Various Artists

I Know Why The Caged Girl Sings

This compilation of artists roughly falling under the (as far as I know) non-existent, dream record store category of "queer feminist punk/indiepop" is a beautiful thing to behold. The third compilation to be put out by Brighton’s Tuff Enuff records, it’s pressed on transparent blue vinyl with the sides labelled in felt-tip, the sleeve a cut-and-paste explosion of Divine-esque faces, and, most impressively, the liner notes are decorated with hand drawn images of every single band member featured on the compilation. It’s like an Island Records sampler for the DIY punk generation.

In the tradition of other many-tentacled UK lo-fi projects such as Slampt, Tuff Enuff records stems from Riots Not Diets, a Brighton-based riot grrrl and queer club night that has been running for a number of years, showcasing bands such as those featured on the compilation. If you’re new to it, it might be surprising to discover the depth and breadth of the community this night has both created and been created by. But far from projecting exclusivity, the cheerfully handmade-with-care aesthetic has a "you can all join in" friendliness to it, the wide range of bands on here straddling many tastes. Unless you like your music polished and perfectly produced of course.

London band Frau kicks things off with their urgent, strung out, punk-rock-turned-inside-out. A good example of the cross-scene co-mingling that occurs in DIY music, they are equally at home on this compilation and the hardcore and feminist punk shows they regularly play around town. Flying the freak flag for the unclassifiable is Ravioli Me Away, a band that seemingly gave birth to itself, all sleazy, snakey, bass-driven, synth-filled strangeness filled up with distorted deadpan vocals; a maelstrom of inner-city confusion. There’s the tongue in cheek pop-punk of Dog Legs, and Big Joanie evokes shades of K Records’ summery lo-fi.  The latter, who describe themselves as a black feminist band and explicitly place themselves in the continuum of black punk past and present – which, as a woman of colour who listens to punk, I find hugely exciting, particularly in a scene not known for its diversity – unfortunately have the raw-est recording on the compilation: vocals are almost inaudible, and clearly the best of the band is not conveyed here. Oh well, support your scene and go see them live, right? One of the best things about this compilation is that it’s an embodiment of the living, breathing UK DIY music community, and you’ll be able to go watch most of these bands any week of the year.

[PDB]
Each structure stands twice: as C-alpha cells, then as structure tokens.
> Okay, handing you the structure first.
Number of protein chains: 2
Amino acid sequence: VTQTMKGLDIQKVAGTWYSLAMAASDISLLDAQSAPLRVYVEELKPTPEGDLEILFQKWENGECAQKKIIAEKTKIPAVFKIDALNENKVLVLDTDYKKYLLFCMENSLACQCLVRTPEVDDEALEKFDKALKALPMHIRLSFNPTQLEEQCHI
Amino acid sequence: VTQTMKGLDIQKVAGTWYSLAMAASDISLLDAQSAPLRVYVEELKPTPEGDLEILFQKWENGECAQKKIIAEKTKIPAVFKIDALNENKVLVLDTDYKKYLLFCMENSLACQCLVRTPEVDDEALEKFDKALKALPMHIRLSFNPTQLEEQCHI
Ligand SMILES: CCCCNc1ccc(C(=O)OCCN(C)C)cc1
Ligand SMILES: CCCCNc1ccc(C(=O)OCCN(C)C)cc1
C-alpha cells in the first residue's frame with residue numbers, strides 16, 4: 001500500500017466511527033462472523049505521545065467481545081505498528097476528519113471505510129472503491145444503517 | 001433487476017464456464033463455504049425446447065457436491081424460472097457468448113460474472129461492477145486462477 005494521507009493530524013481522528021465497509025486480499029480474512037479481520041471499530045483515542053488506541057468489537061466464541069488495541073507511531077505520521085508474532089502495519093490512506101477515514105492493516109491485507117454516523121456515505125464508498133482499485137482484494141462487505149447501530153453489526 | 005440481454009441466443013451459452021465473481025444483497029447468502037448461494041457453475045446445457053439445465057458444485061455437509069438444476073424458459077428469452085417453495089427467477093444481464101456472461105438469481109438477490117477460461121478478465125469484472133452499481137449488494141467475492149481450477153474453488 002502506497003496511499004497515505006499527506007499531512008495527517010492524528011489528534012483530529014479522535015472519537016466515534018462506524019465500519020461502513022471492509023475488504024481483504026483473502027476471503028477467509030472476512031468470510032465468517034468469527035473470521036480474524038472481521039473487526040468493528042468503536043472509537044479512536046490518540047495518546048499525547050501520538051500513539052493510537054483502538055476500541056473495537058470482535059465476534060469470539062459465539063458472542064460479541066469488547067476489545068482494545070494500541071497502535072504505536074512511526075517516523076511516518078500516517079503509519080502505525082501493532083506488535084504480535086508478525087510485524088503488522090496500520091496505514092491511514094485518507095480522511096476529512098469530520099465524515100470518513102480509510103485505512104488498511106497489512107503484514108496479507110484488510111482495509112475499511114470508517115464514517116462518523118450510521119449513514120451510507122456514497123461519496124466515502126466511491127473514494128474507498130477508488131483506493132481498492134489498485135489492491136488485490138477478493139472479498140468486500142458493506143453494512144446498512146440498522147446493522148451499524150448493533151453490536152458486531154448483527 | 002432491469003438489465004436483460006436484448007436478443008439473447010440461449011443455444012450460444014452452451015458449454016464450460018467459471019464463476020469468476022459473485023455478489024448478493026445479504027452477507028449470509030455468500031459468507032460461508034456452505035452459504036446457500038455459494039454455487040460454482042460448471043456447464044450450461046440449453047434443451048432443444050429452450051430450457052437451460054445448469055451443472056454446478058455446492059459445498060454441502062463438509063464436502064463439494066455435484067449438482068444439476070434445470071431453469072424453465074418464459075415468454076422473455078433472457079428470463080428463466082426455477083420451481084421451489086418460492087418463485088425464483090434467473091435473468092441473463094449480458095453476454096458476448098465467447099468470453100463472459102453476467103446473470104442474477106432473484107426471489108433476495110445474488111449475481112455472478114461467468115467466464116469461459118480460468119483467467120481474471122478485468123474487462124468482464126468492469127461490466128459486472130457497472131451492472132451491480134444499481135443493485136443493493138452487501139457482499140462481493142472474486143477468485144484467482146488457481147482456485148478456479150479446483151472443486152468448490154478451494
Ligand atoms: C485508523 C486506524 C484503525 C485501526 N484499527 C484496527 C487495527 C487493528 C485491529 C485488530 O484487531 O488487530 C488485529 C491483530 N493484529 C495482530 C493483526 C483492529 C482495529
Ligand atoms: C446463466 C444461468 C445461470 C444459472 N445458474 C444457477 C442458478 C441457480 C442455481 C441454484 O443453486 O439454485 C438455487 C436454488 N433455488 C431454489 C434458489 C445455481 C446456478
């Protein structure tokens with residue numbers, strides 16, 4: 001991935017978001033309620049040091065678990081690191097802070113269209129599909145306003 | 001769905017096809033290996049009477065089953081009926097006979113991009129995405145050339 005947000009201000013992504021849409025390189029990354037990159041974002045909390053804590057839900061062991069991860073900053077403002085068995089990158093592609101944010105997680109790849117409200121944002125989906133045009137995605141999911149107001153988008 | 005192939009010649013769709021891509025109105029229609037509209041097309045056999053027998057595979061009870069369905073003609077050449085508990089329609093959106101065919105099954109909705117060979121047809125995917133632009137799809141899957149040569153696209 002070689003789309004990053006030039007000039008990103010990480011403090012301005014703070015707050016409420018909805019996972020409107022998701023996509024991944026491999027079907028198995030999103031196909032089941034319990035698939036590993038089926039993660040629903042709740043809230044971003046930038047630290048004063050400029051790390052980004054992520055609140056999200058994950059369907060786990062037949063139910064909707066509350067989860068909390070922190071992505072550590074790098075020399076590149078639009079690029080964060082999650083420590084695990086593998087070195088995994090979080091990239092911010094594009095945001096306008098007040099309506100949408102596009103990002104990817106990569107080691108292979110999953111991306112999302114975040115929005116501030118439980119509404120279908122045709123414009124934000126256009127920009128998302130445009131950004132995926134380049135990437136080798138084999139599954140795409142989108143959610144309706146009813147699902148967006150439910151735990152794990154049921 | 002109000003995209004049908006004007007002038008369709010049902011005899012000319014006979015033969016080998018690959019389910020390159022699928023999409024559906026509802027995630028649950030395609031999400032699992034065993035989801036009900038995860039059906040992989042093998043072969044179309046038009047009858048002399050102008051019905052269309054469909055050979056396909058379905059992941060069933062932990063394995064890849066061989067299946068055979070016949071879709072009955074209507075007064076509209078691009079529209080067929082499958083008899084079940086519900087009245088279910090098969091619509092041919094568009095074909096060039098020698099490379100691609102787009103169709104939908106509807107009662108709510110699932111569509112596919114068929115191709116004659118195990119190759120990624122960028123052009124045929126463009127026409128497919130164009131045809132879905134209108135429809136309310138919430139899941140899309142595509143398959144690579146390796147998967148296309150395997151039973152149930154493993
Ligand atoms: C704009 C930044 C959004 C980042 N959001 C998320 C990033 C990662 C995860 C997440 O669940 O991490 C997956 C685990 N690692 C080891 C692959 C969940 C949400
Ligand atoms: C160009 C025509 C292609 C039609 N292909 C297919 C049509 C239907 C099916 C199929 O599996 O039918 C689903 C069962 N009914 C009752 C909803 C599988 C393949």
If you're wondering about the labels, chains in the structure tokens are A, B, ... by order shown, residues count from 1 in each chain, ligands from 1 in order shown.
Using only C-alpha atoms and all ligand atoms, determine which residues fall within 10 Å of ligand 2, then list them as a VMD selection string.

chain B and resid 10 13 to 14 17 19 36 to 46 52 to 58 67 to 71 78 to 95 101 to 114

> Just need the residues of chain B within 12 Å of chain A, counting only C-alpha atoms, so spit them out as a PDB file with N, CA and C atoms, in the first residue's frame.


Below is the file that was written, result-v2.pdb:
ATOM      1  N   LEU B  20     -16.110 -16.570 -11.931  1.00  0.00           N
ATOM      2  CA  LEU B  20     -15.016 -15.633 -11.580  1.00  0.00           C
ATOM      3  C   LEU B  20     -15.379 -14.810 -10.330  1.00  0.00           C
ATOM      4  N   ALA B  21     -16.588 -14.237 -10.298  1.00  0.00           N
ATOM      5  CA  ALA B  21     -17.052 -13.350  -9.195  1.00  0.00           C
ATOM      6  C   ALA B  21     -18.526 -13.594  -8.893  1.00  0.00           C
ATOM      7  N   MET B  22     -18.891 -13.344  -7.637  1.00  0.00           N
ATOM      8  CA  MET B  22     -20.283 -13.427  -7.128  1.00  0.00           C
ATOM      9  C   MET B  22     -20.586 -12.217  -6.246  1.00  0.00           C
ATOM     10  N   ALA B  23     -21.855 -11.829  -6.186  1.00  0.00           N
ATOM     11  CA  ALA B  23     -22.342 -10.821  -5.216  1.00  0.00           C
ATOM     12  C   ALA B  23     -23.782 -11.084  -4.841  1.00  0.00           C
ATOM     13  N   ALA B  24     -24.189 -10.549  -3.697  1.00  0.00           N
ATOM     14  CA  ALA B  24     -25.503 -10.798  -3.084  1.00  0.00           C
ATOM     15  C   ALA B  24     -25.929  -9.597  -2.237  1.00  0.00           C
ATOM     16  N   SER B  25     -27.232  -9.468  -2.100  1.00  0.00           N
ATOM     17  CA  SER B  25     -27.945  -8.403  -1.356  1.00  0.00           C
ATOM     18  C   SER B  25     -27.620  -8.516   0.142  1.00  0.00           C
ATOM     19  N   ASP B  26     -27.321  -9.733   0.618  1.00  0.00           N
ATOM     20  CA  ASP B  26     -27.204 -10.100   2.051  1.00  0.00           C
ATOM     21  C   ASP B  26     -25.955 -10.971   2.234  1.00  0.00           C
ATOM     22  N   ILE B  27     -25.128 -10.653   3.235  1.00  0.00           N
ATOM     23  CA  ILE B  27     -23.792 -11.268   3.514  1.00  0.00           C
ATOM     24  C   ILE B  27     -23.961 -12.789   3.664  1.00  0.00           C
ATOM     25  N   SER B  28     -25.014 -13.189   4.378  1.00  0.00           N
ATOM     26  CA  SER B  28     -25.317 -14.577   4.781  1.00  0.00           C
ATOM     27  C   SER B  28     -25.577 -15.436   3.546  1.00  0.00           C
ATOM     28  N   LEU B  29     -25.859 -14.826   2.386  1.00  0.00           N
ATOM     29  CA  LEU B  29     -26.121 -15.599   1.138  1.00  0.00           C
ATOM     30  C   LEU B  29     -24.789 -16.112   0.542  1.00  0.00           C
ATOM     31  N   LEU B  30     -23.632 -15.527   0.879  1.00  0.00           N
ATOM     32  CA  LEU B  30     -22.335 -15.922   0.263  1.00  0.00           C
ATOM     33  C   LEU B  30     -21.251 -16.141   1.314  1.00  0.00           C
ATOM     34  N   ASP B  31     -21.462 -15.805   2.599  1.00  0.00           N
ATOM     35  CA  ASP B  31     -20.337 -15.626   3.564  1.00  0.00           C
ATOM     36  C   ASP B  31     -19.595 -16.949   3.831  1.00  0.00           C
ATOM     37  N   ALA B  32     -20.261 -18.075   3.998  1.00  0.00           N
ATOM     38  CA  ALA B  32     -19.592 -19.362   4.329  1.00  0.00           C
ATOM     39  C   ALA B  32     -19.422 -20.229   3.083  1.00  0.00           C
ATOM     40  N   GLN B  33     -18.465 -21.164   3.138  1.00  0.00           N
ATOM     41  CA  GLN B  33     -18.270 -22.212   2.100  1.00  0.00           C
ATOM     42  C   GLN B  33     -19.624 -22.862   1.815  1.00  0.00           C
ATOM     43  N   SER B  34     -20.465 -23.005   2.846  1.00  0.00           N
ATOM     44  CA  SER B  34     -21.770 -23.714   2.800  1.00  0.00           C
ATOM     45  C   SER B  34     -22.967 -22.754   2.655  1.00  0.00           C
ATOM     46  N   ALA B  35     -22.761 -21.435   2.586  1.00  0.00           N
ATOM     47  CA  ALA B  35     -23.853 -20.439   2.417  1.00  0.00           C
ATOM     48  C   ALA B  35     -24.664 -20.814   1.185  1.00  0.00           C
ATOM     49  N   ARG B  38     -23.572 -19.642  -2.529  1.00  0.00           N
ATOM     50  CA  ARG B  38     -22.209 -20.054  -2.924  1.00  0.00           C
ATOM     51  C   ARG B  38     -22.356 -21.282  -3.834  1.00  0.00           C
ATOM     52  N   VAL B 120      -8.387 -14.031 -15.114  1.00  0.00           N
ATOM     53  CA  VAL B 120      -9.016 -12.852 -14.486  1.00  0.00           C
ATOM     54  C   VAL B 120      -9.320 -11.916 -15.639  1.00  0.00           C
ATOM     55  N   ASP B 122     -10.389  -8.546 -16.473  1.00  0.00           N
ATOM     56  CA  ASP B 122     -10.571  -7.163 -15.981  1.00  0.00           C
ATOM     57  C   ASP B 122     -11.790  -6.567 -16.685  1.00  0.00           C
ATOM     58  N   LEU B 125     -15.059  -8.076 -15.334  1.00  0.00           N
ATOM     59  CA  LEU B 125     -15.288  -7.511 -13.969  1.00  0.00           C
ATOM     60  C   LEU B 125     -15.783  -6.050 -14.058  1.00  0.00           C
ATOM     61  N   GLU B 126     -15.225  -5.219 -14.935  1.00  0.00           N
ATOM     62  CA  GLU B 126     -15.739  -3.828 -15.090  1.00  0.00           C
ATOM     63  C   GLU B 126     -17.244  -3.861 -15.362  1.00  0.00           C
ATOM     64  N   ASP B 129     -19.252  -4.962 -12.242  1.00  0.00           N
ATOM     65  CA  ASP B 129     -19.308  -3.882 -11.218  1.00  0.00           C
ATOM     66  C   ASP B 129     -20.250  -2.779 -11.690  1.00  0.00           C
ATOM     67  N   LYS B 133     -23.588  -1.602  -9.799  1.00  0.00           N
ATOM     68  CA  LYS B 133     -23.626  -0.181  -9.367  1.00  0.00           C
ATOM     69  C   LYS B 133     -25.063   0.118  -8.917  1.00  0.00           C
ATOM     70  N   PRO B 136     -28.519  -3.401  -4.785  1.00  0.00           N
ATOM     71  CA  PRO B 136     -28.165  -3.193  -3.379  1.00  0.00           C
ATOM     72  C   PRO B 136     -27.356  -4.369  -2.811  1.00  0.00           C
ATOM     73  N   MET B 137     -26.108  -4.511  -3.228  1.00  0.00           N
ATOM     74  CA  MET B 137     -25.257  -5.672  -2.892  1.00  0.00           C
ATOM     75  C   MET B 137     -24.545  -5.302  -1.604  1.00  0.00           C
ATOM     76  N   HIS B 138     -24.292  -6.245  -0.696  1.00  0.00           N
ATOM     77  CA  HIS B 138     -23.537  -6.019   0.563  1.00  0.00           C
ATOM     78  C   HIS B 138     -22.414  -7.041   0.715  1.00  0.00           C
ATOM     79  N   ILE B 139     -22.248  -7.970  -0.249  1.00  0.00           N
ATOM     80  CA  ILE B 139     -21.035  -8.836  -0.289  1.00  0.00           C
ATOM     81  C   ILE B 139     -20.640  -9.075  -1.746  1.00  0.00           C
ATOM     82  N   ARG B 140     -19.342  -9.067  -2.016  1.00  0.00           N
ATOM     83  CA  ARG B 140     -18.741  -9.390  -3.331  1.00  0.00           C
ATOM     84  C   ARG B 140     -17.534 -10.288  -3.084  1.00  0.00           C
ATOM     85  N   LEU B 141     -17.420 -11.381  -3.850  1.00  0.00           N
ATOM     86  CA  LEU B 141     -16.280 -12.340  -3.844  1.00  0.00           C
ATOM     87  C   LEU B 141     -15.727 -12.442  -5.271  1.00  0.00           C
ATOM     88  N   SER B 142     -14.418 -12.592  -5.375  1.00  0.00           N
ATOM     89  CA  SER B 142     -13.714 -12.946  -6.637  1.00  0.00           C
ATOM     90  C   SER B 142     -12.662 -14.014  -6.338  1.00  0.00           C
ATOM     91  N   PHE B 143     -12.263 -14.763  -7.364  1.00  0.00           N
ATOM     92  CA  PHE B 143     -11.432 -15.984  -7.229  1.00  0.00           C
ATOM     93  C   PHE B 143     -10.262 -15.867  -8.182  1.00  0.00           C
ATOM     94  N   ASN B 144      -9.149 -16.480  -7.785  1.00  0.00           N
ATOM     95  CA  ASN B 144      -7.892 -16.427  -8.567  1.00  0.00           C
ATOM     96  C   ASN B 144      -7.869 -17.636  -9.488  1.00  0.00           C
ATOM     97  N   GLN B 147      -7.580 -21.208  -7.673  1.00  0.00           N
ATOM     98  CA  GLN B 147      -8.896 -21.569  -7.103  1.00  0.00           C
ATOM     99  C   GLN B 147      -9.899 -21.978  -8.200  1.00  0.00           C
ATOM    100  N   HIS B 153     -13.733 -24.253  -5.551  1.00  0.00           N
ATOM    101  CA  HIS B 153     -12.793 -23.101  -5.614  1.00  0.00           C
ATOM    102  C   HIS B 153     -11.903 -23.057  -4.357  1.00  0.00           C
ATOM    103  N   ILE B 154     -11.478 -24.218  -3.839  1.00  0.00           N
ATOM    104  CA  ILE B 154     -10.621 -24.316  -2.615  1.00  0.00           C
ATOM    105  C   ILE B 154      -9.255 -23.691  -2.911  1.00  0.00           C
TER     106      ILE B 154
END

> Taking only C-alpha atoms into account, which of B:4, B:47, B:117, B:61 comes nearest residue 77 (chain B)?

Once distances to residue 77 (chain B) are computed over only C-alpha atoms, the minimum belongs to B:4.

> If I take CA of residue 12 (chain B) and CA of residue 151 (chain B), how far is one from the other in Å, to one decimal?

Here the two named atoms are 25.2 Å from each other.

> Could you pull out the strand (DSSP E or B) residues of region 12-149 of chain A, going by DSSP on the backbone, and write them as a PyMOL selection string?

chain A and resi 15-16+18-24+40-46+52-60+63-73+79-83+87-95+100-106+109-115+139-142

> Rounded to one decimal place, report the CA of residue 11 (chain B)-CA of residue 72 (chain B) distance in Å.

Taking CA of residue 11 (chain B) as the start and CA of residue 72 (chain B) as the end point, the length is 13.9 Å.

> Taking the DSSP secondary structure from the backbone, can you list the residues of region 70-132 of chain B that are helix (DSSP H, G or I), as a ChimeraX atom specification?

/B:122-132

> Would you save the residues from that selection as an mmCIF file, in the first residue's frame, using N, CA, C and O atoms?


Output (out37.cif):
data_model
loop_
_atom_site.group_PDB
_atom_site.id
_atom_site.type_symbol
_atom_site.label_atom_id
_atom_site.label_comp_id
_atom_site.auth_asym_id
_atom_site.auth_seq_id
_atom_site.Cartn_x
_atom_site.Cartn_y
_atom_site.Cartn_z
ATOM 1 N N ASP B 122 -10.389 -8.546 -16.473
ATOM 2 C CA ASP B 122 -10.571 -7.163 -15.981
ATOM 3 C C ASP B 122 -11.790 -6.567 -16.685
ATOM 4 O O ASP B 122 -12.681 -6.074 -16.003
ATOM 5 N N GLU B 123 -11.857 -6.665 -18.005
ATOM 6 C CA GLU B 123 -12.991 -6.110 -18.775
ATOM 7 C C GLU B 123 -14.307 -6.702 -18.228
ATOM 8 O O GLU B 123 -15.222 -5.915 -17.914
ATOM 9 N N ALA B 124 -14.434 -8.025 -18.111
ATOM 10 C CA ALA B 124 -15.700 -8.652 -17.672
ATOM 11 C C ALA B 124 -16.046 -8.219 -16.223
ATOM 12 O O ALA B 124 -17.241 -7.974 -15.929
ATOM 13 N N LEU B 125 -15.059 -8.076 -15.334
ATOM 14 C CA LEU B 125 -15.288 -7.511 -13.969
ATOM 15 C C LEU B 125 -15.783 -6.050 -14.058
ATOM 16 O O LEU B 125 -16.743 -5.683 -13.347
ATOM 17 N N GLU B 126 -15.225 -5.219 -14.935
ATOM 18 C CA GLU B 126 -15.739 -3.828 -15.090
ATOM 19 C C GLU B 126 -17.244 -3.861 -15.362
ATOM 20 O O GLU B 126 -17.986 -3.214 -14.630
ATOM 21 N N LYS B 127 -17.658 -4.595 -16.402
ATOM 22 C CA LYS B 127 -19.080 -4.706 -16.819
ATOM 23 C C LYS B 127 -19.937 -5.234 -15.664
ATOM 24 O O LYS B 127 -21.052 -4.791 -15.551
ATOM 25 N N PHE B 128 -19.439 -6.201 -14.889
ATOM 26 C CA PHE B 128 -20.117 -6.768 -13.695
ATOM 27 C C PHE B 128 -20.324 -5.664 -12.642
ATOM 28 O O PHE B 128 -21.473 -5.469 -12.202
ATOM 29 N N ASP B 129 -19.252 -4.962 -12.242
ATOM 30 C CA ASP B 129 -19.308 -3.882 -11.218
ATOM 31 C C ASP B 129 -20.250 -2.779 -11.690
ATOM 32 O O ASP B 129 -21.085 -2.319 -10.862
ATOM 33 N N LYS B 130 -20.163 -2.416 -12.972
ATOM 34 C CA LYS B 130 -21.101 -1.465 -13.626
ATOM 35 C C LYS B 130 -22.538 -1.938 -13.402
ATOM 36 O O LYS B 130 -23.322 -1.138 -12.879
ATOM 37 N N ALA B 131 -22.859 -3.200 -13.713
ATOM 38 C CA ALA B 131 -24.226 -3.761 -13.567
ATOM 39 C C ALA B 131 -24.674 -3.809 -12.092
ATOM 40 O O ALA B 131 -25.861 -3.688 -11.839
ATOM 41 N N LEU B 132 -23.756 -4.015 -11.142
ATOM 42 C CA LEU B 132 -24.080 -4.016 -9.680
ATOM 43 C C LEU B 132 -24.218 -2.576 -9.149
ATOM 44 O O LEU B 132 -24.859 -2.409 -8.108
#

Bona H.C. (bona being Polari for good, h.c for, well, hardcore, obvs) is a welcome anarchic slash of queercore, rending your suspicions of twee to shit, "because queer isn’t always fucking cupcakes and rainbows and QTs and softly softly nicey nicey don’t upset the hetero hegemony". Newcastle is represented both by Beauty Pageant’s experimental noise, the chaotic saxophone and militaristic drumming recalling Erase Errata, and Silver Fox’s exuberant, jerky post-punk. I could go on, there are 15 bands on this album: the dark, oddness of Men Oh Pause, the London/Berlin indie pop duo Humousexual who have appeared on all three Tuff Enuff compilations, but I’d run out of adjectives, and anyway, this album is best enjoyed when you engage with it; read the liner notes, and maybe think hey, I should pick up my guitar again.

Speaking of liner notes, the elephant that I was pleased was not just in my room is the title of the compilation: a pun on the immensely important and influential 1969 Maya Angelou autobiography I Know Why the Caged Bird Sings. The crew at Tuff Enuff have written an admirable explanation of their decision to align with riot grrrl, a movement viewed with suspicion by many these days due to perceptions of it being a stronghold of middle-class, white feminism. But they also express regret at the flippant title they have chosen for this compilation, which does unfortunately call to mind some of the very issues women of colour had with the original riot grrrl movement. As disappointing as this is, this is the DIY music community in its raw glory, where political aims are often imperfect, but at least the discussion is had – in this case, right there inside the record sleeve.  

As each band has donated their own recording the tracks slightly differ in quality. But as we’ve already established fans of precision probably aren’t going to enjoy this, that hardly qualifies as a concern. The compilation is an inspiring collection of bands doing it for themselves and each other, and along with the previous two compilations Why Diet When You Could Riot and Carry On Rioting, is an important snapshot of UK underground culture.

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